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FATS in our daily food

Fat provides more than double the calories of protein and carbohydrate; one gram of fat provides nine calories, whereas proteins and carbohydrates have four calories. Department of Health recommends that 33 per cent of our total calories should come from fat. Because you cannot avoid to consume saturated fats they should account for no more than 10 per cent of our total energy (calories): the rest of the fat calories should come from monounsaturated or polyunsaturated fats, because these are more beneficial to health. If you are eating 2,000 calories a day, 33% of fat amounts to 73 grams of total fat daily. If your daily calorie intake is 1,500 calories, 33% of fat amounts to 55 grams of total fat daily.

Although there are numerous names for different types of fats, they fall into two groups: saturated and unsaturated.

--Saturated fat is generally solid at room temperature, is usually from animal sources and found mainly in lard, butter, margarine, cheese and whole milk. It's also the white fat you see on red meat. The less saturated fat you eat, the better. Eating saturated fats has been linked to coronary heart disease.

Hydrogenated fat is made by taking an oil and pumping hydrogen into it to make it hard. Manufacturers use this primarily because it's cheap and better shelving life. The intakes of trans fatty acids have been associated with raised blood cholesterol levels, one of the risk factors associated with developing heart disease. All we can do is look for the words partially hydrogenated vegetable oil and if we see these words simply avoid the product. Many food manufacturers are now replacing these hydrogenated fats with fats that are less harmful to our body, but still not great. Some of these are Palm Oil and Coconut Oil. Also watch for these fats in fast food places and restaurants.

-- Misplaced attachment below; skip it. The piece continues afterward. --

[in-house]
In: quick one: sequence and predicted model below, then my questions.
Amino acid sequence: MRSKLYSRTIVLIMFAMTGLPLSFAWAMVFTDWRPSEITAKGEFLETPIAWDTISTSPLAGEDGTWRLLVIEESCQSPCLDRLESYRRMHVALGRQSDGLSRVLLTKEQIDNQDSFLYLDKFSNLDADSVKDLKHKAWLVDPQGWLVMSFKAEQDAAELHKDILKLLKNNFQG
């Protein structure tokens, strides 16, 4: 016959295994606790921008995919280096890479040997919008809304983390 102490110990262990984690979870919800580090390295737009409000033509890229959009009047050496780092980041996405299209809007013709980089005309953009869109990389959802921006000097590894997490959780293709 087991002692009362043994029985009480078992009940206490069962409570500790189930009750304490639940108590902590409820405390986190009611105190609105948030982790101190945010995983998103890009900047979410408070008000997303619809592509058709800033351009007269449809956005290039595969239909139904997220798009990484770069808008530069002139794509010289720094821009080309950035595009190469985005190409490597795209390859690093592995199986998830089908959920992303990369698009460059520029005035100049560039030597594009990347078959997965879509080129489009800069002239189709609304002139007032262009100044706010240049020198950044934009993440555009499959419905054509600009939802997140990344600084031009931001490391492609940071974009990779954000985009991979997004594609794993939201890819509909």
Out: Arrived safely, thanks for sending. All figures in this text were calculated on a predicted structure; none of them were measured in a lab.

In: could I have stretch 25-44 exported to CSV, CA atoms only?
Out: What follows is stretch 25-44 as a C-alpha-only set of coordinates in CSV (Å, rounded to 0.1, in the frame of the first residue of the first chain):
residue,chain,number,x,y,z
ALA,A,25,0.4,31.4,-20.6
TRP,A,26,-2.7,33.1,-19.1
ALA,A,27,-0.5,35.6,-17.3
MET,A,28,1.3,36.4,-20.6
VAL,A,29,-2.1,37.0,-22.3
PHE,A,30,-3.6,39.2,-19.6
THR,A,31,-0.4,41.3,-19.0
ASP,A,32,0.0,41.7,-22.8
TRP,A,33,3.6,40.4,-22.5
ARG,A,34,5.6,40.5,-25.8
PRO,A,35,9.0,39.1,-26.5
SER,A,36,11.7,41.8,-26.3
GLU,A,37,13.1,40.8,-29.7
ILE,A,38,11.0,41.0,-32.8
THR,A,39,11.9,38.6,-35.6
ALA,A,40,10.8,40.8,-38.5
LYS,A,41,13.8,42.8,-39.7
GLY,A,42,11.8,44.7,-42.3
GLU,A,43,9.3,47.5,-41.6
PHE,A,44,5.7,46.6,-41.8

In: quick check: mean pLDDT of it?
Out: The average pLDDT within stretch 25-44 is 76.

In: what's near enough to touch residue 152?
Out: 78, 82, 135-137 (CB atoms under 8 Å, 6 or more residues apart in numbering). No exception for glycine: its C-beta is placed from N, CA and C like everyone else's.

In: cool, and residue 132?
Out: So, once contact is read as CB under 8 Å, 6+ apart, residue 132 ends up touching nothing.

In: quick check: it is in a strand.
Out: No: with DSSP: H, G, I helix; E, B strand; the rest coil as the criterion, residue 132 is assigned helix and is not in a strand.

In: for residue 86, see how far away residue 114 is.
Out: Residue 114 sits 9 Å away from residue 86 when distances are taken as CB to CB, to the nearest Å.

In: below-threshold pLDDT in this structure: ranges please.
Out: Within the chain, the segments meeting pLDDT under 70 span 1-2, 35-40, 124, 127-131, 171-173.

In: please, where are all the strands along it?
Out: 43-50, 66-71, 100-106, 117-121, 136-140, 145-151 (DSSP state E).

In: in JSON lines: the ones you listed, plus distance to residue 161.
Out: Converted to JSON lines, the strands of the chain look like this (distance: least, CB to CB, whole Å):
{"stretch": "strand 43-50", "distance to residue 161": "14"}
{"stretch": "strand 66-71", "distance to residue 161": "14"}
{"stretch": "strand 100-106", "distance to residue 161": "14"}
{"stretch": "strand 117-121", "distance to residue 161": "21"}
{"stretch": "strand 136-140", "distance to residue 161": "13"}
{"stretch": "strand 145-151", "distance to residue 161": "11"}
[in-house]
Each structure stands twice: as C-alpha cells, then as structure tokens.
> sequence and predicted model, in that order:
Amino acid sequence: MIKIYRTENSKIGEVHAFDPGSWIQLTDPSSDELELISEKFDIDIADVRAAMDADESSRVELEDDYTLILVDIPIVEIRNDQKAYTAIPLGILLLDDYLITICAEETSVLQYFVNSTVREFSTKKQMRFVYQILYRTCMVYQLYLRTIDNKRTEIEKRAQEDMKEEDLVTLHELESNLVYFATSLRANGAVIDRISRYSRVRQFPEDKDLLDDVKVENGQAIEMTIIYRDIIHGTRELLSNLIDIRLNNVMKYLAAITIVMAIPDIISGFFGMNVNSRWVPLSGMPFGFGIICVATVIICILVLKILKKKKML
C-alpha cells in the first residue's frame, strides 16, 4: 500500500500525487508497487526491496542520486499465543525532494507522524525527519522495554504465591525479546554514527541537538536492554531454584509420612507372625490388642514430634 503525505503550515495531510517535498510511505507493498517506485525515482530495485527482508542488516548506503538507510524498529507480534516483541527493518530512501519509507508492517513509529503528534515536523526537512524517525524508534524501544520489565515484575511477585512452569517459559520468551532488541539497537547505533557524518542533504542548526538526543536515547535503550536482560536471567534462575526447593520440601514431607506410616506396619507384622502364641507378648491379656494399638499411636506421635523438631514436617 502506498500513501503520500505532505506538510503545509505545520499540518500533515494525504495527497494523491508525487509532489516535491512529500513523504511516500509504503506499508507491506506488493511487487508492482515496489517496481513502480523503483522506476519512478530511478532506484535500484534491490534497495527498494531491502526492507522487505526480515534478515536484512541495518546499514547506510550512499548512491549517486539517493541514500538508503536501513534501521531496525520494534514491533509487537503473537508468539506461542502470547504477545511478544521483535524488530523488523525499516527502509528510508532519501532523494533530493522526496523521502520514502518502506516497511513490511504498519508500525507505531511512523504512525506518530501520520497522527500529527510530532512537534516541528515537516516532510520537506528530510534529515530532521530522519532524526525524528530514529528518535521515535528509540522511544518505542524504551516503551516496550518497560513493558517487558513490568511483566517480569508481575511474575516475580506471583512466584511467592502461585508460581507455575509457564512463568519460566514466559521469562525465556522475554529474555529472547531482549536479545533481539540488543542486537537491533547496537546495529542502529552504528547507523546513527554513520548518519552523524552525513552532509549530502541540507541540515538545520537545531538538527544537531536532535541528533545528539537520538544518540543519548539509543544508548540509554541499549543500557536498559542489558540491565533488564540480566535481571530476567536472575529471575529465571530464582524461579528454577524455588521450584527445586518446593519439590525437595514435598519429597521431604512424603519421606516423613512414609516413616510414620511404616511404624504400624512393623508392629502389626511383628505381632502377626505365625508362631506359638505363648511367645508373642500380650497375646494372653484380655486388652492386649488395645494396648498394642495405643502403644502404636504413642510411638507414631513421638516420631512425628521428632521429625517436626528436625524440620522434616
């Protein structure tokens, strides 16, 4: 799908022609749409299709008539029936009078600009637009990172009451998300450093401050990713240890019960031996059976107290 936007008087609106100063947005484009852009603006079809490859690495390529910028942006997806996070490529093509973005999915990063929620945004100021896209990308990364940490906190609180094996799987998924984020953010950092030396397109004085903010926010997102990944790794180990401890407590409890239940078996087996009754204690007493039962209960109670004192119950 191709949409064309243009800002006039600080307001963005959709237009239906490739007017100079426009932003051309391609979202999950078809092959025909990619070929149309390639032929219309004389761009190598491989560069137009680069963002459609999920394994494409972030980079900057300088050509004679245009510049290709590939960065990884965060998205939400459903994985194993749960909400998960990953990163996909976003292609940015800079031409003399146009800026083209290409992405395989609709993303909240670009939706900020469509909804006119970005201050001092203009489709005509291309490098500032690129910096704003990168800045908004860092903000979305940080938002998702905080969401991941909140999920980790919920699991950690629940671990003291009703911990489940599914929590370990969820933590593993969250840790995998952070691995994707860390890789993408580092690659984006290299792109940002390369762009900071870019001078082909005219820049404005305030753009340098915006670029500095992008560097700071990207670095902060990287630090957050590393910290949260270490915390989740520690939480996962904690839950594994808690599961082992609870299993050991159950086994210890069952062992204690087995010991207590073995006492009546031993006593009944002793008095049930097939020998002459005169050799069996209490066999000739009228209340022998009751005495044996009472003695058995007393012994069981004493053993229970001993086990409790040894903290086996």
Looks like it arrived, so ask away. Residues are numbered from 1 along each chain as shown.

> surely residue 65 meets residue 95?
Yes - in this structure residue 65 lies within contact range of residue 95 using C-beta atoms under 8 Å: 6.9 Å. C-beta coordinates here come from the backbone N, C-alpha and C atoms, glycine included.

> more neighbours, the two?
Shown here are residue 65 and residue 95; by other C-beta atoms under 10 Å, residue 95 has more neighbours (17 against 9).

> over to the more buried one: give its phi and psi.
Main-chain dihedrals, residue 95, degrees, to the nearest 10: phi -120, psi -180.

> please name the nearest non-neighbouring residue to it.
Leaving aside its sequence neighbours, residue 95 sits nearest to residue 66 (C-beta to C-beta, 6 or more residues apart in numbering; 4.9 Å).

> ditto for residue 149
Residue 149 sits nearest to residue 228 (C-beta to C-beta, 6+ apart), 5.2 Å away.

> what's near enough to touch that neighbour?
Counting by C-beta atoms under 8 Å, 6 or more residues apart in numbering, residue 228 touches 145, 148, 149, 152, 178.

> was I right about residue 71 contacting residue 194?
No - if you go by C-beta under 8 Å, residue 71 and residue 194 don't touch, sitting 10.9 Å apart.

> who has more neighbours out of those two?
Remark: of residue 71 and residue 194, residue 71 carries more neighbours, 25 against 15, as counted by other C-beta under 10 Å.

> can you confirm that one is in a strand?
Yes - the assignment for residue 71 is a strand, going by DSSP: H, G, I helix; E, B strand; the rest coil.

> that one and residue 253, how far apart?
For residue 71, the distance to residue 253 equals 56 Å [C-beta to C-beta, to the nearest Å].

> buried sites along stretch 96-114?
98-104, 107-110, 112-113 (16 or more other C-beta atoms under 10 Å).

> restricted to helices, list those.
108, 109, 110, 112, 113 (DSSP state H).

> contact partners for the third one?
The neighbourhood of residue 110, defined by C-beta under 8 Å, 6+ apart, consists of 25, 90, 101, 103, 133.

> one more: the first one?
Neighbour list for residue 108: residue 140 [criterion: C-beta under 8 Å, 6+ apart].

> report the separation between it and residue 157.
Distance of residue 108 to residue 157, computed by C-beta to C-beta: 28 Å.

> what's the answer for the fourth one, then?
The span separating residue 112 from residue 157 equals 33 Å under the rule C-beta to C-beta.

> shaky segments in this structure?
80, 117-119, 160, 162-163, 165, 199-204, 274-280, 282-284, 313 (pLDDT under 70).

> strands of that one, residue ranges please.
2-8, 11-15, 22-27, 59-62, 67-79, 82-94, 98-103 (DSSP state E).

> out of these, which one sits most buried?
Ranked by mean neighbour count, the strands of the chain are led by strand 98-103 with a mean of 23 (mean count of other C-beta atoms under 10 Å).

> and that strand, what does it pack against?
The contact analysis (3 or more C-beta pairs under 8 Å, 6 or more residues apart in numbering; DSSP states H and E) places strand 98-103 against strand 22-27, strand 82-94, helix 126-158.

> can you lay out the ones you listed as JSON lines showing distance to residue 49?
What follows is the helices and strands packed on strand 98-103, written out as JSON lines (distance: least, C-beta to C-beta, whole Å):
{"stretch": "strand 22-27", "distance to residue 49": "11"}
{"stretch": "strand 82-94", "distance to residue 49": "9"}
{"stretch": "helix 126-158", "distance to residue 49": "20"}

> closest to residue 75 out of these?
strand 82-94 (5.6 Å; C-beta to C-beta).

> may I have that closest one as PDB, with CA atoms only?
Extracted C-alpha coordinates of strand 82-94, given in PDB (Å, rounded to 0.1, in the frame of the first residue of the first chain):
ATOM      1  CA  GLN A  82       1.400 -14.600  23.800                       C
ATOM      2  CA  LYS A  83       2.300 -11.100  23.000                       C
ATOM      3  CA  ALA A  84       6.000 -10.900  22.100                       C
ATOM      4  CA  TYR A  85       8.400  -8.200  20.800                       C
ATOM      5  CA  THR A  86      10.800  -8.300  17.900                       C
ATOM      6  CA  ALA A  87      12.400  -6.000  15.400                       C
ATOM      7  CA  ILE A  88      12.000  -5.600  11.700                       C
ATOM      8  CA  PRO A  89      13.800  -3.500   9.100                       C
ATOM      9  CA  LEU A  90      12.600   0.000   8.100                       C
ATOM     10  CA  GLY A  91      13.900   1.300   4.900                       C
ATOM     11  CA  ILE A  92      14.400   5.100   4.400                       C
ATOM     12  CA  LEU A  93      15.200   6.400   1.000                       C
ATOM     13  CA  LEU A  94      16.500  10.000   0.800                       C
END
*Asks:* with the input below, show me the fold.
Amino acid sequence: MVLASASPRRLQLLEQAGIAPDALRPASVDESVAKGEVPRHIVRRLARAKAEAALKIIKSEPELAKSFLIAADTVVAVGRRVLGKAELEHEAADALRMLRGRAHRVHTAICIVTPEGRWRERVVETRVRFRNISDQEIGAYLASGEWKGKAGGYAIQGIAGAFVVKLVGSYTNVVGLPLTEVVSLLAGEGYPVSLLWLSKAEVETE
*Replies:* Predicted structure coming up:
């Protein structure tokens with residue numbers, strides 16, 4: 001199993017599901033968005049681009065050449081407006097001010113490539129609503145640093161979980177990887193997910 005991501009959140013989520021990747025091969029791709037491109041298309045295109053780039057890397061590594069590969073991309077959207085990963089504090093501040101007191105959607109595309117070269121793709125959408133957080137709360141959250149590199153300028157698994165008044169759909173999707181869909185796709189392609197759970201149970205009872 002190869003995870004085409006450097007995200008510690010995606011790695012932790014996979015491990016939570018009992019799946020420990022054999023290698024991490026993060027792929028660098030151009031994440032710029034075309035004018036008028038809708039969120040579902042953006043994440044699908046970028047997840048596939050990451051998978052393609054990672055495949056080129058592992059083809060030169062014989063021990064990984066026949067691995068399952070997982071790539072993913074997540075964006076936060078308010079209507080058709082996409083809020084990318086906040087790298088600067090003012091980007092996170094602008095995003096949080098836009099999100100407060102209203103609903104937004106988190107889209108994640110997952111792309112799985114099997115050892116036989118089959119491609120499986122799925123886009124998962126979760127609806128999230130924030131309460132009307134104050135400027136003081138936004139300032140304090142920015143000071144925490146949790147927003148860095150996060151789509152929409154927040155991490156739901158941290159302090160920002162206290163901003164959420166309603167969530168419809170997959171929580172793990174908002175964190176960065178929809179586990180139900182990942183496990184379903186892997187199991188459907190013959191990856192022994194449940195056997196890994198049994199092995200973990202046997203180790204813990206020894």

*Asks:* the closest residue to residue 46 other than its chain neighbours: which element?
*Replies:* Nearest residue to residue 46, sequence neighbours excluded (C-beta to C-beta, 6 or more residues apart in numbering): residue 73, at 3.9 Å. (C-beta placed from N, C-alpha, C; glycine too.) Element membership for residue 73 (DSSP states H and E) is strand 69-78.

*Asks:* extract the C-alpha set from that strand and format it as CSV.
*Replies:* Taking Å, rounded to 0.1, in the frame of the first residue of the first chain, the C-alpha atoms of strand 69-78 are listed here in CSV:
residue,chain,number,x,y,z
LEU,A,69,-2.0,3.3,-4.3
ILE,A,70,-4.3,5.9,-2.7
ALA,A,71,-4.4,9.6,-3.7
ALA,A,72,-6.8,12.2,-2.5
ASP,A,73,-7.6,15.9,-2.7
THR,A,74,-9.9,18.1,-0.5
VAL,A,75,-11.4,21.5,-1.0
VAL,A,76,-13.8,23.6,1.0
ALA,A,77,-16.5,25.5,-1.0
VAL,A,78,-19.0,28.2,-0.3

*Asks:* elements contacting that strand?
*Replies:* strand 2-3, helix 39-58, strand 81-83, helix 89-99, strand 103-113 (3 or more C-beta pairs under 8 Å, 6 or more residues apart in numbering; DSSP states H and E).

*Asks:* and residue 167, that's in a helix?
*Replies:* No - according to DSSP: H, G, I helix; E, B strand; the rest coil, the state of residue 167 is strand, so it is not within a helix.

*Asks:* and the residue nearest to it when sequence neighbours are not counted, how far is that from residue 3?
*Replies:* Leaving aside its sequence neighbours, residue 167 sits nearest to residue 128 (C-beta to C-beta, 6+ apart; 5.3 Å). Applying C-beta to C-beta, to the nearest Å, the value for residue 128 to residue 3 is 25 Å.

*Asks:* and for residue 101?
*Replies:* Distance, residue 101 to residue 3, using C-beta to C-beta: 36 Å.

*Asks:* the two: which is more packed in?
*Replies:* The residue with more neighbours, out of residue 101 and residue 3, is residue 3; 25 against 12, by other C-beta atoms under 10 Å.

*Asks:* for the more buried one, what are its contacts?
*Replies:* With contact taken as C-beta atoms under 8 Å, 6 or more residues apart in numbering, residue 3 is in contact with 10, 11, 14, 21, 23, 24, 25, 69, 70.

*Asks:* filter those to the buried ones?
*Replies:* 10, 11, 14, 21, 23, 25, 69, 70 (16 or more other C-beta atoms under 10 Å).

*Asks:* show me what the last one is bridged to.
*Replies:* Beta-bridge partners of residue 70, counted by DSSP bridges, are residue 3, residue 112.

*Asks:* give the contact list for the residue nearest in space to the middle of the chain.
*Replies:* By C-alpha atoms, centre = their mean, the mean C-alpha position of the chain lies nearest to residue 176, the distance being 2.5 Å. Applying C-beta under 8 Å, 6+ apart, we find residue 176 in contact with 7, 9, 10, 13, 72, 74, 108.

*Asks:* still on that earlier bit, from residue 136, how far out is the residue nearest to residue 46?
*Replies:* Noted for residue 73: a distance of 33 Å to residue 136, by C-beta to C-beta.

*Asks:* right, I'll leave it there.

--Unsaturated fats are usually liquid at room temperature and generally come from vegetable sources. Mono unsaturated and poly unsaturated fats are both included in this group.

Unsaturated fats are healthier and can be found in cold pressed vegetable oils such as olive, hemp, rapeseed, peanut, sesame, sunflower, canola and soy oils. Also are found in coldwater fish: sardines, salmon, and albacore tuna and Small fish like mackerel, sardines, pilchards and fish oils. They are also rich sources of omega 3 fatty acids, with flaxseed oil being the best. All kinds of Nuts and seeds; Walnuts, Almonds, pistatues, sunflower seeds. Half an avocado every other day, olives are very healthy fat foods to eat.

You can, of course, also get polyunsaturated soft margarines, like Smart Balance. Watch the labels of these products they often contain partially hydrogenated fat - the fat we need to be most wary of and on the package they say no Tran Fat.

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